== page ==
Posted 27 June 2014
By Alexander Gaffney, RAC
In addition to approving products and making sure bad ones never make it to market, an indispensable role of healthcare product regulators is warning consumers and healthcare professionals about new risks associated with already-approved healthcare products.
The US Food and Drug Administration (FDA) regularly sends out such warnings, generally known as drug safety communications, and as of 27 June 2014 had already issued 12 warnings in 2014—an average of two per month.
But while the warnings are well-noted in regulatory circles, new research indicates that their effect on the public is more varied on account of the Internet.
The research, published in the New England Journal of Medicine (NEJM), looked at all new drug safety communications for prescription medicines issued by FDA between 1 January 2011 and 31 December 2012.
The researchers, who postulated that most consumers get their medical information through Google and Wikipedia, then evaluated the content of Wikipedia pages, and looked at page views for both Wikipedia and Google search pages.
The good news: FDA's warnings had a positive effect on consumer interest in a drug, leading to an average 82% increase in Google searches during the week after the announcement, and a 175% increase in Wikipedia views on the day of the announcement.
The bad news: Consumers might not have been getting the information FDA would have preferred them to have obtained.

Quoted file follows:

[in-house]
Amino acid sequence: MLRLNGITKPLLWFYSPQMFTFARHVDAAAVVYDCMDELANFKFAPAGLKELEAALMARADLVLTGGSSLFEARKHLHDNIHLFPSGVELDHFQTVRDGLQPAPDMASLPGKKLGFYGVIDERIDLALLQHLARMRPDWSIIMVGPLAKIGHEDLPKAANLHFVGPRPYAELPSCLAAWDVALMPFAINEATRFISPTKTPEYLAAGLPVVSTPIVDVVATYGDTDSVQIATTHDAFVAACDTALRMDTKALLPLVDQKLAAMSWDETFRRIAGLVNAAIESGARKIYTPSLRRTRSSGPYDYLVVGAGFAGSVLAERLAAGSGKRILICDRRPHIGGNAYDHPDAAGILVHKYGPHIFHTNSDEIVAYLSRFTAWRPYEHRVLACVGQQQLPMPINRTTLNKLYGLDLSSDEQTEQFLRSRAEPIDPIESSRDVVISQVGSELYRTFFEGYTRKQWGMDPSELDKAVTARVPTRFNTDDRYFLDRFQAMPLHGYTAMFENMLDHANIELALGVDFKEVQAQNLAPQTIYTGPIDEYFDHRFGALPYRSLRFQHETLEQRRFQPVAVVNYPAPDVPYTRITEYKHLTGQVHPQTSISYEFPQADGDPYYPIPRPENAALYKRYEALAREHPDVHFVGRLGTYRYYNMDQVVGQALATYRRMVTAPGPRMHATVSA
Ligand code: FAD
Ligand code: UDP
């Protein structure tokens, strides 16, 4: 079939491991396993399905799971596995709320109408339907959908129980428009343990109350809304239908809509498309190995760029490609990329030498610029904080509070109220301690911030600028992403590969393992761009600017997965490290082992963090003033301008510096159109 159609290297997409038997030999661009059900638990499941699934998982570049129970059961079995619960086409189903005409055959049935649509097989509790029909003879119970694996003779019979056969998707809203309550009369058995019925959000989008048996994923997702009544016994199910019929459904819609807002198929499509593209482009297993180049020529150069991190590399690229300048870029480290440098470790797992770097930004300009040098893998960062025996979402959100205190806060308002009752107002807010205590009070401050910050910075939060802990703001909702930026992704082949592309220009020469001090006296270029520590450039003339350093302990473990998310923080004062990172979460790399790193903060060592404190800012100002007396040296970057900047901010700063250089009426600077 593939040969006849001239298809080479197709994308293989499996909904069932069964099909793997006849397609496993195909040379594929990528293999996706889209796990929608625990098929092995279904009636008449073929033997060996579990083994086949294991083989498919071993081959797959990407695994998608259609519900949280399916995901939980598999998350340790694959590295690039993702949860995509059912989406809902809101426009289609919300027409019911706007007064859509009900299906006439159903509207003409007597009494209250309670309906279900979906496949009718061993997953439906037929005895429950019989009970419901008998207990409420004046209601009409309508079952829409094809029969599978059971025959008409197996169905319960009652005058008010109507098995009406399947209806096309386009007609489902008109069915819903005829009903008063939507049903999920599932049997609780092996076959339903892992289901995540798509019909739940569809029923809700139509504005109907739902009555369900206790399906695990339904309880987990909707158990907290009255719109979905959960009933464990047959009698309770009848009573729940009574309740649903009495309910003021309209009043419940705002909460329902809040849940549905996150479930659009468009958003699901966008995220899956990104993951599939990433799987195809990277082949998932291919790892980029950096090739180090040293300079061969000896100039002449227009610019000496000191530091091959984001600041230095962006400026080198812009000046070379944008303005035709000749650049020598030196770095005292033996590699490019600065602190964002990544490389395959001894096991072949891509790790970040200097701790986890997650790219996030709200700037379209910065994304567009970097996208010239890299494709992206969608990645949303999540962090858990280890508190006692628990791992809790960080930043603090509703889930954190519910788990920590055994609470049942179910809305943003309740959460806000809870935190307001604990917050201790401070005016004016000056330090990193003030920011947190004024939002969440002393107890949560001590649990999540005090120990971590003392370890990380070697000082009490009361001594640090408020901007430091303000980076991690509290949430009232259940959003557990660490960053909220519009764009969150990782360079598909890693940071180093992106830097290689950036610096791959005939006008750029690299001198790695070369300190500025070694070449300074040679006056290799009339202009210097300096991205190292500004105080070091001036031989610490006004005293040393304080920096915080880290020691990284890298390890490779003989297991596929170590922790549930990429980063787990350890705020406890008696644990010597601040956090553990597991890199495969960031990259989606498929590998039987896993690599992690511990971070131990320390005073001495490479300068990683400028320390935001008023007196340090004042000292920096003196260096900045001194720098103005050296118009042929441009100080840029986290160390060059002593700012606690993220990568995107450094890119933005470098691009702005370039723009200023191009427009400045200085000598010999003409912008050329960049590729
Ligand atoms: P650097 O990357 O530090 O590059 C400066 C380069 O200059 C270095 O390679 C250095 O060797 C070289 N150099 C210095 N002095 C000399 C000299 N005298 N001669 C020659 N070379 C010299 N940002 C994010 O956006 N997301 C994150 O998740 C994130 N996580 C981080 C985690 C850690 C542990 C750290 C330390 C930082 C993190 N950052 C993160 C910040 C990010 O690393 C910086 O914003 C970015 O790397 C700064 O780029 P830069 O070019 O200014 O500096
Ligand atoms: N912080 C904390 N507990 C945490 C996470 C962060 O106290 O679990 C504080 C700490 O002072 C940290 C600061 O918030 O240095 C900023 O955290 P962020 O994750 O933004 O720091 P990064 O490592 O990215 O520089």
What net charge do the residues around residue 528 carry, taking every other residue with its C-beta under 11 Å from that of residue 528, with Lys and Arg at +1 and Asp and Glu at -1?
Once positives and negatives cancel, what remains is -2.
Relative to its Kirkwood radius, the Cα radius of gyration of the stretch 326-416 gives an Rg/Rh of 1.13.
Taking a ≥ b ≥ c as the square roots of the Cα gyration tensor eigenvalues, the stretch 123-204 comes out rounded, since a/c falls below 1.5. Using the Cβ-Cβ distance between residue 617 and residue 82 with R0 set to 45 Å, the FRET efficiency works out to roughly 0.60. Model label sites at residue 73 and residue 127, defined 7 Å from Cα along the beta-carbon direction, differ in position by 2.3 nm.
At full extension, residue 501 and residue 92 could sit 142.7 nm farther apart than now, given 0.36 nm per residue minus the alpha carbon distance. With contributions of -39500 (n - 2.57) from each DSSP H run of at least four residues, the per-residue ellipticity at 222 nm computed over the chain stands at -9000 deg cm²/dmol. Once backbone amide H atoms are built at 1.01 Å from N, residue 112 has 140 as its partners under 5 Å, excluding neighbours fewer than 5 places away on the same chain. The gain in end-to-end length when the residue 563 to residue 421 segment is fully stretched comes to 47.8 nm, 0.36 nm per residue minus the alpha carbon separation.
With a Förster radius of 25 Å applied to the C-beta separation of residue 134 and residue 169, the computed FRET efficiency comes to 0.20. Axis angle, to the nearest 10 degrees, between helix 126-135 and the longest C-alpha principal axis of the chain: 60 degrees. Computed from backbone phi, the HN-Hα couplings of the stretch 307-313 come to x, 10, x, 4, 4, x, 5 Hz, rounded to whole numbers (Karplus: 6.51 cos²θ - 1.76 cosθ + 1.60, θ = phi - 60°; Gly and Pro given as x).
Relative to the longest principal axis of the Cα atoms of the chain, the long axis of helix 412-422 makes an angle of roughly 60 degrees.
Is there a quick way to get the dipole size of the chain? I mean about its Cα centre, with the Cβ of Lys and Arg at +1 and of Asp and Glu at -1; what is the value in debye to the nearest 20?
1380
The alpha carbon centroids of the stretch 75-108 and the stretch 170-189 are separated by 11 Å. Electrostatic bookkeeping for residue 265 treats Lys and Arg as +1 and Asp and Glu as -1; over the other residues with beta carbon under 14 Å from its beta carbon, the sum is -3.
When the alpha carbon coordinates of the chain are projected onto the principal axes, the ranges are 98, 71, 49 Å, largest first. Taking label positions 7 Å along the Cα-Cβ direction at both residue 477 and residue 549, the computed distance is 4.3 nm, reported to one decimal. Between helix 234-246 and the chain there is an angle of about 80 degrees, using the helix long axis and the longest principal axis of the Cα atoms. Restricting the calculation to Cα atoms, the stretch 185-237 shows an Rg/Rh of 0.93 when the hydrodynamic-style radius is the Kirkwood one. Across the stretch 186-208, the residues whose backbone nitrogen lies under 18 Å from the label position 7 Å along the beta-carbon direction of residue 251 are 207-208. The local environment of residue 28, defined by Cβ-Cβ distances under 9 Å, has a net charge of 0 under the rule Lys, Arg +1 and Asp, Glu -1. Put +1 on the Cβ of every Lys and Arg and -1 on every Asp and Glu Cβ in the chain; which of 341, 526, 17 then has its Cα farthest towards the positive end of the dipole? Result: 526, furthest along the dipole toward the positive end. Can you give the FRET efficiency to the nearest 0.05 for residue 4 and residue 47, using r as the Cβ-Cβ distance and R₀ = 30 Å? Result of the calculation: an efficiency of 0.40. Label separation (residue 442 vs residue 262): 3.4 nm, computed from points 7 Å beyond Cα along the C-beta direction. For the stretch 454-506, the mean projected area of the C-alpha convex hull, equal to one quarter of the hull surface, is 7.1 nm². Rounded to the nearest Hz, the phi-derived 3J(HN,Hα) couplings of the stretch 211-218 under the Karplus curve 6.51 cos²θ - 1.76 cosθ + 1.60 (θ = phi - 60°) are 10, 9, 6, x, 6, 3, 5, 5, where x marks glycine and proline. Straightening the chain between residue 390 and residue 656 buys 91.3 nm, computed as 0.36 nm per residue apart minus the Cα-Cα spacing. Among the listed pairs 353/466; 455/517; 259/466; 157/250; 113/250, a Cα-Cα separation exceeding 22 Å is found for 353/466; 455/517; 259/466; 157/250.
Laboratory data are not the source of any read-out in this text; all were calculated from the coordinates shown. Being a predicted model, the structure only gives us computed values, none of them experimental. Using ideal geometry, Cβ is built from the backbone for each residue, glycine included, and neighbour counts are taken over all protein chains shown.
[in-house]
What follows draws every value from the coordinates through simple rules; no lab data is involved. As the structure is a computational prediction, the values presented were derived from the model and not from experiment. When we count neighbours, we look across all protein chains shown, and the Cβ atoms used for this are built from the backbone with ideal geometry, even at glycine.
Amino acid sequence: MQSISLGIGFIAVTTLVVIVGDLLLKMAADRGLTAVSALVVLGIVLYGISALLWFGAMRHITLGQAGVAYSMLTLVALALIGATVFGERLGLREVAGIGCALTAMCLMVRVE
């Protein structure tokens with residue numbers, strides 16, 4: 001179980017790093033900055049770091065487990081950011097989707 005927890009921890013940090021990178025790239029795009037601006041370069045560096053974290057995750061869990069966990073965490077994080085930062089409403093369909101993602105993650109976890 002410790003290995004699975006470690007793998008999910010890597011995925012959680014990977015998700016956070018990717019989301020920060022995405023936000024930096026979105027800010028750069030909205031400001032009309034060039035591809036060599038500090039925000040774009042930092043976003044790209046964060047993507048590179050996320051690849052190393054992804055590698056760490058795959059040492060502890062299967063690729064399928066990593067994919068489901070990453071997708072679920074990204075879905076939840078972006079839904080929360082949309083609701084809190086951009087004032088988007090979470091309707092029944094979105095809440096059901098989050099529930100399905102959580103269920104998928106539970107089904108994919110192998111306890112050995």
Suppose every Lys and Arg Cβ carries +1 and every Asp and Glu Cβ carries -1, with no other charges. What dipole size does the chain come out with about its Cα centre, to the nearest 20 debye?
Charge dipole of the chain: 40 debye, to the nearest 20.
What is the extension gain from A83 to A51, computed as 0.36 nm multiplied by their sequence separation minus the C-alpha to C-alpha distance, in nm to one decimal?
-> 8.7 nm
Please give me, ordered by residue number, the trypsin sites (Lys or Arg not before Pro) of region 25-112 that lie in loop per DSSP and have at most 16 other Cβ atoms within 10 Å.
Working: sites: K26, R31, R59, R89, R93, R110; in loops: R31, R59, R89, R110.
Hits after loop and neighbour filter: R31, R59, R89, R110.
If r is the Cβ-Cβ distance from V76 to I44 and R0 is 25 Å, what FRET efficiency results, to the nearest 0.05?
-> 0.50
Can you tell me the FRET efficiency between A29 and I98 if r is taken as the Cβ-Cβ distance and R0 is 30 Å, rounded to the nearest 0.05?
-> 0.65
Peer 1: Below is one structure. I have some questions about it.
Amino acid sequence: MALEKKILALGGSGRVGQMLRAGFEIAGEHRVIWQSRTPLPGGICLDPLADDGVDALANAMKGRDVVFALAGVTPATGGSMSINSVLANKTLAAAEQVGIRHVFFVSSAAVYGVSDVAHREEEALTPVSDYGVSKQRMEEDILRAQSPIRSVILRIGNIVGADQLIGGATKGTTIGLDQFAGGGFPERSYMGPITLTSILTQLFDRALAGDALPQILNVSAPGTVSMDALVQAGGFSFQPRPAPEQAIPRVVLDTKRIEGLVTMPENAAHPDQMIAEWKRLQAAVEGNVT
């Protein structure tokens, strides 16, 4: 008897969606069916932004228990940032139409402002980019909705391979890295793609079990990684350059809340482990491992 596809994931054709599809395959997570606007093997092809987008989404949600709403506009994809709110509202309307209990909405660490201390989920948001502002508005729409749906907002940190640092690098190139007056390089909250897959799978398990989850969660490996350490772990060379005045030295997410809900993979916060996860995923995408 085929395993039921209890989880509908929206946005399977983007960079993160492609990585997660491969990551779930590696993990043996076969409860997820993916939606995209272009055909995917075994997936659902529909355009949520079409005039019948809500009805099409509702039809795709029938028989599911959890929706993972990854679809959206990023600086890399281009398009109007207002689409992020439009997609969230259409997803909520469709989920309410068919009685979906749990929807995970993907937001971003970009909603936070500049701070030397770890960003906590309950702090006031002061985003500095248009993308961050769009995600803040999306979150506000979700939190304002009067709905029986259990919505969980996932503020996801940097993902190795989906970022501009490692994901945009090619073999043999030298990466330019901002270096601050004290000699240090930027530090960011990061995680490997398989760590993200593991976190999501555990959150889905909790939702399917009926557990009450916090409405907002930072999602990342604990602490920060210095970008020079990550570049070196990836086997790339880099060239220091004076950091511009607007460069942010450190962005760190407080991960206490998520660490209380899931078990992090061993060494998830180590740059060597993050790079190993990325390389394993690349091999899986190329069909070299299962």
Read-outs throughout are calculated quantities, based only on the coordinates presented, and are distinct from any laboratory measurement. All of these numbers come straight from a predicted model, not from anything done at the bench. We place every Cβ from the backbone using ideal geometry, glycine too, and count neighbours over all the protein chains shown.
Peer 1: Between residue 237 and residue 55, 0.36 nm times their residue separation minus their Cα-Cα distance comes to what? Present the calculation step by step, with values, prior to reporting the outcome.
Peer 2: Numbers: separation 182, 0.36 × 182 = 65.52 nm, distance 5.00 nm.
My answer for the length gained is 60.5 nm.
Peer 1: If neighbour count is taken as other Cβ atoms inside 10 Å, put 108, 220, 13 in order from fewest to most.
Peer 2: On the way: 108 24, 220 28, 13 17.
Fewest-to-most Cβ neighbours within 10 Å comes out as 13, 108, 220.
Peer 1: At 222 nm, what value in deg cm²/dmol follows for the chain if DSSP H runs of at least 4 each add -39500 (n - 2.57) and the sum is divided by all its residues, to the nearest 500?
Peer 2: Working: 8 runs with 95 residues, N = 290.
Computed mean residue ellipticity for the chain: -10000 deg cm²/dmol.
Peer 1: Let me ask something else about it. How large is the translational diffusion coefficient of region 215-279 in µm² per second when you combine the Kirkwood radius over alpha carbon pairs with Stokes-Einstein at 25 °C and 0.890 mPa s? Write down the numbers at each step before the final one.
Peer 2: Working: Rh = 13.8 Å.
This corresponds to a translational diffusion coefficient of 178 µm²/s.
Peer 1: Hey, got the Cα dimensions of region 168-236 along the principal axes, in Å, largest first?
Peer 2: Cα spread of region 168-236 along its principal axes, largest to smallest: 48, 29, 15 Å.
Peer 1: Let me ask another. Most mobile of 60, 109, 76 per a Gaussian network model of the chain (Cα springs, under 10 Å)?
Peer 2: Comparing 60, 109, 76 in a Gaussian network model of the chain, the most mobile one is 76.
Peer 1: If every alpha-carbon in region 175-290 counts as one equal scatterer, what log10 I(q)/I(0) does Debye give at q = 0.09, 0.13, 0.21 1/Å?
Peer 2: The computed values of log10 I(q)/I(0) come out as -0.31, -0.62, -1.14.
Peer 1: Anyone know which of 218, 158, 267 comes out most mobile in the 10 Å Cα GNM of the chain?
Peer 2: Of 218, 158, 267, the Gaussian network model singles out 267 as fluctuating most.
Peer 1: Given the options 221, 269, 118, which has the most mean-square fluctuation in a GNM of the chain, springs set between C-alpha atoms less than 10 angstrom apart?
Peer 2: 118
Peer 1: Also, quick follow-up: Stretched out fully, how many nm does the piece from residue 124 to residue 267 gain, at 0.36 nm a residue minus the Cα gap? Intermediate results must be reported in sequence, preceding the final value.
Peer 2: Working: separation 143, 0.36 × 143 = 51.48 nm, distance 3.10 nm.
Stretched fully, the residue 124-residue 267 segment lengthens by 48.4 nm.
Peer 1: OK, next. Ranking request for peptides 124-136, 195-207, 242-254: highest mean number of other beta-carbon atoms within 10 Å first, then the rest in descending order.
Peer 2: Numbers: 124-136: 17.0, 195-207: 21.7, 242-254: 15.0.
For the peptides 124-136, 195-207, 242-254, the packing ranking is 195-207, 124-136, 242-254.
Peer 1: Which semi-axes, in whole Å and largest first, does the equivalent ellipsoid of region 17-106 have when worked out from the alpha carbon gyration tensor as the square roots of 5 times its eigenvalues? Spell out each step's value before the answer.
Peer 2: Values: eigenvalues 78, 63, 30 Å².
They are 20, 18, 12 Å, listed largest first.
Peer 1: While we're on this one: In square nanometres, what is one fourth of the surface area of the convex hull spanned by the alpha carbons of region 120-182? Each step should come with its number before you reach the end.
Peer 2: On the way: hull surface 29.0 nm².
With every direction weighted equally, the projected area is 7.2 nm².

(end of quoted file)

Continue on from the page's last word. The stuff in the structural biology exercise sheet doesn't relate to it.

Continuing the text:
"We found that 41% of Wikipedia pages pertaining to the drugs with new safety warnings were updated within 2 weeks after the warning was issued with information provided in the FDA announcements," the researchers wrote. Pages for drugs that affected more people were more likely to be updated quickly, the researchers found.
However, 23% of all Wikipedia pages were only updated more than two weeks after the announcement, and researchers said that 36% of pages "remained unchanged more than one year later."
In other words, in a place where millions of consumers and healthcare professionals go each year to read brief summaries of healthcare information, it was as if FDA never made a safety warning at all.
The researchers said FDA might do well to consider actively participating in Wikipedia and other "new media" sites, such as it already does with the health website WebMD, to quickly update pages and disseminate timely and accurate information.
"Given the frequency with which patients seek information outside the clinic, and particularly on the Internet, taking advantage of those media appears to be a promising means for the FDA to ensure that patients have ready access to accurate and comprehensive information, including timely updates pertaining to drug-safety issues," the researchers concluded.
NEJM Article: Drug Safety in the Digital Age